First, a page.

I Don’t Have a Life (Really? What a Strange Thing)

Last night I was thinking about what that phrase means.  I was talking with a friend who has a similar enthusiasm for studying, practicing, and teaching yoga, who also has a full-time job/career.  At some point in describing the number of hours I have spent studying with John Friend and other Anusara teachers, it came out of my mouth that I have been able to pursue this passionate engagement with yoga because, as others have said to me, “I don’t have a life.”  My friend, being in the same society after all, initially went right along with that statement as if it was a perfectly reasonable thing to say.

Then we started questioning it.  It is not as though we do not both have rich, full, engaged, active lives.  How did the vernacular come up with a phrase  that says we do not “have a life,” if we are not so occupied with the things that society would have us do (for the “modern” woman I think this means high-powered career, husband, children, nice house) that we have enough time and flexibility to deeply pursue and explore beyond what we are supposed to do?

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2 Comments

  1. Gayle

    I have to say that I think you were wrong to say you are the one that “doesn’t have a life.” What is a (active, engaged, rich) life if it does not include the time (and desire) to “pursue this passionate engagement with yoga” or whatever one’s passion might be? Those who say you “don’t have a life” are probably the same people who struggle daily to feel fulfilled by work, shuttling kids to lessons of all sorts, talking about work and shuttling kids, eating, sleeping and the general “rat race.” Perhaps they simply mean you don’t have *their* life…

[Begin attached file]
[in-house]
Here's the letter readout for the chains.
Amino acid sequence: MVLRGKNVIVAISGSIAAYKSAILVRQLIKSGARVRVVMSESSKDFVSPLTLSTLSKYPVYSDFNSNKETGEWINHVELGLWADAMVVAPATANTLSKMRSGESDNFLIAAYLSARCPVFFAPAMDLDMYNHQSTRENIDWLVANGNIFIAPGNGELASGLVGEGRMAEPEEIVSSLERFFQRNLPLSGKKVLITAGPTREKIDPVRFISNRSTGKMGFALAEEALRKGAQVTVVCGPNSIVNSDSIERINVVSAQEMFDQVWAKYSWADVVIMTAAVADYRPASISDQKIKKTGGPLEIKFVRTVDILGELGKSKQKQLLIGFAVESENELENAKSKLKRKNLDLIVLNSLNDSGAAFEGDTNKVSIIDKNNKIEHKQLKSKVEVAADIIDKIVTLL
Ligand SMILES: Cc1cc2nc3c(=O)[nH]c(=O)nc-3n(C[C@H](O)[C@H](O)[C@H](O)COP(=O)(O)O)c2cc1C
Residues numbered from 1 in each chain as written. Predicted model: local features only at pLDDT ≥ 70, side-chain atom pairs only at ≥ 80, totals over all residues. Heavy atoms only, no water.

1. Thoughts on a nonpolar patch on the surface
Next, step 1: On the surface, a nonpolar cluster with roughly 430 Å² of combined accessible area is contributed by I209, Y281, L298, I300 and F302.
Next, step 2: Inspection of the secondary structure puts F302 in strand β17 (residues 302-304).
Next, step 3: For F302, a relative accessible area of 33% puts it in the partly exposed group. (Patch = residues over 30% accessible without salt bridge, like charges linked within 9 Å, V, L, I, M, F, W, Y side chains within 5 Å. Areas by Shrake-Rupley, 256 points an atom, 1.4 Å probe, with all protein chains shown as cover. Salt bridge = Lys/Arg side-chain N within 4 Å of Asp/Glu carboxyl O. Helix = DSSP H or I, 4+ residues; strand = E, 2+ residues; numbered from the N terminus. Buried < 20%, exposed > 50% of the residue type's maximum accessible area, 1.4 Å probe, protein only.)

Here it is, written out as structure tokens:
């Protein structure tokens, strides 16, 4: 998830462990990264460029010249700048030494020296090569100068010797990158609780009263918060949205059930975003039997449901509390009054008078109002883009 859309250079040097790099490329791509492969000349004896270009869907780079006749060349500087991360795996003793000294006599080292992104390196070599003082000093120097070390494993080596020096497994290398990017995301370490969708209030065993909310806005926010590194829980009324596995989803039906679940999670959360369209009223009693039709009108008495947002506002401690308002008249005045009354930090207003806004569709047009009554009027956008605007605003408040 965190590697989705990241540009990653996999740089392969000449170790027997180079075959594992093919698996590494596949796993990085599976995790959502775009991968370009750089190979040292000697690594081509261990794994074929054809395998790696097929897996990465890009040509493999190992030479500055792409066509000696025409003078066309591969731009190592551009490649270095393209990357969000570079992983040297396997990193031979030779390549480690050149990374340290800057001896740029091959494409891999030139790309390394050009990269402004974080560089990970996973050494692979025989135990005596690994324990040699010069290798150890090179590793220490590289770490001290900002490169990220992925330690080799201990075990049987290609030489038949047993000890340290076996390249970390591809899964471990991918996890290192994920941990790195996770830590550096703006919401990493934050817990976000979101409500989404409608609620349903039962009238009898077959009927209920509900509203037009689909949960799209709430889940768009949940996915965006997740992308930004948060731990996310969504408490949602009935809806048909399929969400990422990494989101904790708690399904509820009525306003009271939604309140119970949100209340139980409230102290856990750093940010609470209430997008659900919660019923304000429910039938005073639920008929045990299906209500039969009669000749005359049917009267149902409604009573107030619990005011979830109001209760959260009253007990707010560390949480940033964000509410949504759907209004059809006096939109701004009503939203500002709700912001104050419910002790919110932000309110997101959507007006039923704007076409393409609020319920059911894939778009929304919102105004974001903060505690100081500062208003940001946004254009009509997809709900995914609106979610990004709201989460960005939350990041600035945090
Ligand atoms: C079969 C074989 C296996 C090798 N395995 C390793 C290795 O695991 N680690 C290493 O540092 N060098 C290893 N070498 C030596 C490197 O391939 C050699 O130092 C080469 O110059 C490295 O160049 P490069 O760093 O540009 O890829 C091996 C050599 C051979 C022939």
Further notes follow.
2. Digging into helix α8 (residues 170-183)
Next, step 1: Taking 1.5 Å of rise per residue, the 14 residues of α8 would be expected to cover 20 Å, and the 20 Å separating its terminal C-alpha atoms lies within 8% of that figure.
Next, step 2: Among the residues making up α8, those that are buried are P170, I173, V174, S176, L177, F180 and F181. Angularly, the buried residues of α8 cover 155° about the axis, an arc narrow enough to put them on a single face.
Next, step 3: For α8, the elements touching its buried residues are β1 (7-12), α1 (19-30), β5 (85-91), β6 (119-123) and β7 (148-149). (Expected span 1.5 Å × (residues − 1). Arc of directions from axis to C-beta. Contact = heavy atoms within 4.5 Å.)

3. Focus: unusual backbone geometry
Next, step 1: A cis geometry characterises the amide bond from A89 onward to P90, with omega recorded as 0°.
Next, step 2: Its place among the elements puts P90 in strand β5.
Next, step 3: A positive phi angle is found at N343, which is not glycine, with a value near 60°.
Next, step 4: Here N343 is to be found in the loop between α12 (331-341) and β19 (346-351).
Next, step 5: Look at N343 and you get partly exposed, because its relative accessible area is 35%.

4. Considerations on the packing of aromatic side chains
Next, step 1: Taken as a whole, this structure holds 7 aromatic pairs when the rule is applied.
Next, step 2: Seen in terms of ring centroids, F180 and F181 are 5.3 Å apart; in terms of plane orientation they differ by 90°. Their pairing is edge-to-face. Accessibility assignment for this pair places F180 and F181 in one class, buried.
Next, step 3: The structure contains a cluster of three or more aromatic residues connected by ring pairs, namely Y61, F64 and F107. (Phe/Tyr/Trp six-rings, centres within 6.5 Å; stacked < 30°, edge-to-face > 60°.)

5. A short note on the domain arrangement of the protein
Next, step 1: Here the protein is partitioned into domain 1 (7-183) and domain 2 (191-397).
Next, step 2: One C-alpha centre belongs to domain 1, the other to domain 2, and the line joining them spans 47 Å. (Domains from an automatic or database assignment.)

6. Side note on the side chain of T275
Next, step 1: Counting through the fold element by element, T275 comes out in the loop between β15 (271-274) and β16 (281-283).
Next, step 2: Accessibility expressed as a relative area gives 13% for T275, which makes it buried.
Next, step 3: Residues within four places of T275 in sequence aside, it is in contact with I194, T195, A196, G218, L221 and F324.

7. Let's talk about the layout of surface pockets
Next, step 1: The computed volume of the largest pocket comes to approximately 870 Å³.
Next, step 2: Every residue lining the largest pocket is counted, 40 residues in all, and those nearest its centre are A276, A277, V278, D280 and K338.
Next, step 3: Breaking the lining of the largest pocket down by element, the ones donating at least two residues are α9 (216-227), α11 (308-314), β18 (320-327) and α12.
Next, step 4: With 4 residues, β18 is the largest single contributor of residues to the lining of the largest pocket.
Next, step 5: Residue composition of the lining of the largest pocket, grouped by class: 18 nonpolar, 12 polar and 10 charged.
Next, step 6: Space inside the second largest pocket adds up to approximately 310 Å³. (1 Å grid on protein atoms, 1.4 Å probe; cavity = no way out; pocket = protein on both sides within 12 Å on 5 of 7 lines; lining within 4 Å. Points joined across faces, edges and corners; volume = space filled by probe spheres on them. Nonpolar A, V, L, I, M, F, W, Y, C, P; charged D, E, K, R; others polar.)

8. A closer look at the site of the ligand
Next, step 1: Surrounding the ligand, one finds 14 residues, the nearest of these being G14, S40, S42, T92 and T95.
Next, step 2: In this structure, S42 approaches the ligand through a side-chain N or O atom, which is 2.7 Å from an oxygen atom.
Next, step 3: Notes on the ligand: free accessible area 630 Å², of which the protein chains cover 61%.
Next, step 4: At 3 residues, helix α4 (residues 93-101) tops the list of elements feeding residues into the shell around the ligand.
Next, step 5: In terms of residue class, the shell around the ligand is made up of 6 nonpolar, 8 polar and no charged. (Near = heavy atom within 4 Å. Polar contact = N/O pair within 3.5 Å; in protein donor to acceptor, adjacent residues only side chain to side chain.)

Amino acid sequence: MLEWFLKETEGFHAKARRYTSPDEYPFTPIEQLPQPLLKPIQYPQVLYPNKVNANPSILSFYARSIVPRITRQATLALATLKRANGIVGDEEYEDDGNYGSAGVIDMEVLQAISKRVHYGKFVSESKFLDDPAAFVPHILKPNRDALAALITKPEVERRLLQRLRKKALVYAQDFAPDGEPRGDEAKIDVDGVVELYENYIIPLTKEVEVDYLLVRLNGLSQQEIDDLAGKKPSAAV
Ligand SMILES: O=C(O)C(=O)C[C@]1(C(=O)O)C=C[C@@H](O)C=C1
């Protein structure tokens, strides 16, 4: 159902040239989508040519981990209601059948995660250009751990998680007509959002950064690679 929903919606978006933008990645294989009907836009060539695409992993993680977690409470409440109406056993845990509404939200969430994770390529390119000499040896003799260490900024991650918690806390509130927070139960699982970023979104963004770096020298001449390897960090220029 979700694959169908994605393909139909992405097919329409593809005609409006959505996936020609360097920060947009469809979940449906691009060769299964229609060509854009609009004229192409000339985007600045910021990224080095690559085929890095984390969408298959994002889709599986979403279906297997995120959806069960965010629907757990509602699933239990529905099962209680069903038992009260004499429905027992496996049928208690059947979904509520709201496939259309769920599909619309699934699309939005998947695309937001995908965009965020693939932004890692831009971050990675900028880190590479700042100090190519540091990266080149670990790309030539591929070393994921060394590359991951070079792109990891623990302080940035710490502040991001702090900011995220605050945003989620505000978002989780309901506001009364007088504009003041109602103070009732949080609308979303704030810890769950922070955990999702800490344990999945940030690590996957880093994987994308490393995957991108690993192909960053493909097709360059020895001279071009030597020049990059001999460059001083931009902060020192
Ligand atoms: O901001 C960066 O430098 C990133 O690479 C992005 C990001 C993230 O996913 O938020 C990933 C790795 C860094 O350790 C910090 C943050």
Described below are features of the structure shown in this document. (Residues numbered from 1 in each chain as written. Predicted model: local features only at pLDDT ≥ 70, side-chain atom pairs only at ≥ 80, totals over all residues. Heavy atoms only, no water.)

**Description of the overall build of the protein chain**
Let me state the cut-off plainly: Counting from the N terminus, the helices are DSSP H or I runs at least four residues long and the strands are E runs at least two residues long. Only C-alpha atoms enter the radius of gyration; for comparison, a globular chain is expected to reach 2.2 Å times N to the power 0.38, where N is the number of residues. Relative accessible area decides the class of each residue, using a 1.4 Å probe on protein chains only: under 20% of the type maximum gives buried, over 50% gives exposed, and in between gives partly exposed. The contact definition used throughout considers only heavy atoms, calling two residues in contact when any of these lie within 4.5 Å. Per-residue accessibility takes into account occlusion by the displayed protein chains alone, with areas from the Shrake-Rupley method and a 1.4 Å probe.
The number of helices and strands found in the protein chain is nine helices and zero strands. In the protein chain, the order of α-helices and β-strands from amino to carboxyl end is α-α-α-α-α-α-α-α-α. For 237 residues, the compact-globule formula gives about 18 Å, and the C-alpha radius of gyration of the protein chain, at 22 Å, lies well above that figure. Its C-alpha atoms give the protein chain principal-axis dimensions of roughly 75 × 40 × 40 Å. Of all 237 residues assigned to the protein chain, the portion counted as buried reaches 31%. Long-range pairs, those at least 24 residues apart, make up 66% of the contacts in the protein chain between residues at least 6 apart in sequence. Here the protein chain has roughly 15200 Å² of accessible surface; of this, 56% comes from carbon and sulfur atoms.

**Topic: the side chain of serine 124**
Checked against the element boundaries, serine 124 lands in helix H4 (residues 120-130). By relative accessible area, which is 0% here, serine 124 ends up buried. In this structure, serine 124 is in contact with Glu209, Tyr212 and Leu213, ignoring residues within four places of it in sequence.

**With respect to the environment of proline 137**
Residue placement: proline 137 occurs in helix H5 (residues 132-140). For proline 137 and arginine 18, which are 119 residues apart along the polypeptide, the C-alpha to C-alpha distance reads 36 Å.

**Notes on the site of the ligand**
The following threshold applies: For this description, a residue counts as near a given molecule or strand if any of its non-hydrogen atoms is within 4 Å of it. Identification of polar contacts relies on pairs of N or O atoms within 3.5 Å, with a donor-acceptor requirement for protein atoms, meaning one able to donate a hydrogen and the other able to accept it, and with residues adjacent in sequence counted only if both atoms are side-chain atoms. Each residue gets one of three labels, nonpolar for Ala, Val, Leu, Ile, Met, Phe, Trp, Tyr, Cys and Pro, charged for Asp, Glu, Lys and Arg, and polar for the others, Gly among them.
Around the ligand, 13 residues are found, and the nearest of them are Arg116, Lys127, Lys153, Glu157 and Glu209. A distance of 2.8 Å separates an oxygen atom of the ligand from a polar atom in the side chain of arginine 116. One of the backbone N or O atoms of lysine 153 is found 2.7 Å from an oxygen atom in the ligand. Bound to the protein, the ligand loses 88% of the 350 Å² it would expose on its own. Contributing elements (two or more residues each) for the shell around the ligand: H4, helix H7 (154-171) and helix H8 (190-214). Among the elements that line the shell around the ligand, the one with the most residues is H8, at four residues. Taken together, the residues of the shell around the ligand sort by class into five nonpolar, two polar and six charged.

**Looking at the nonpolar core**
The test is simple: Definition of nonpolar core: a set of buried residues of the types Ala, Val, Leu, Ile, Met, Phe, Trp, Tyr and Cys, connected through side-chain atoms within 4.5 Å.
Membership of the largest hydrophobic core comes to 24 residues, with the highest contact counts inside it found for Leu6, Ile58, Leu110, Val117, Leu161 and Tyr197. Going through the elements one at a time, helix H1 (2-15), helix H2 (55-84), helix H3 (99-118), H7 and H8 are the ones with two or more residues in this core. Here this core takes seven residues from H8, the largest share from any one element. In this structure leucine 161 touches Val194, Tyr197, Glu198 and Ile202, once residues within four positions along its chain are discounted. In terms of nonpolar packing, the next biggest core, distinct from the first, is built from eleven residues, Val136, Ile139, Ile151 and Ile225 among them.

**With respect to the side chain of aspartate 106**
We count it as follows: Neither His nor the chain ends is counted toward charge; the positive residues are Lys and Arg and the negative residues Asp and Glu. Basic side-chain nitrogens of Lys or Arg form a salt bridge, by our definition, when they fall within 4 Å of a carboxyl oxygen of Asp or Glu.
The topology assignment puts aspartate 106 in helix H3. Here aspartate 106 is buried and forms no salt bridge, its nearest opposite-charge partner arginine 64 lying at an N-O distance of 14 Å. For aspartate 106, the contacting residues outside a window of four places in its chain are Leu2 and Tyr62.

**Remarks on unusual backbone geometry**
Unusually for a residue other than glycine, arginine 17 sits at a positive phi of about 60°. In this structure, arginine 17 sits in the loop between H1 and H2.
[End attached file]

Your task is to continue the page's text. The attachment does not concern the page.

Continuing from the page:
2. jane

    Seems to me that you have a fine and full life that happens to include significant measures of flexibility and personal freedom, which you have used to in a way that enhances the lives of yourself and others.

    Lately I’ve been thinking that no part of how we live, move, and have our being should be considered to be any less “a life” than any other part.

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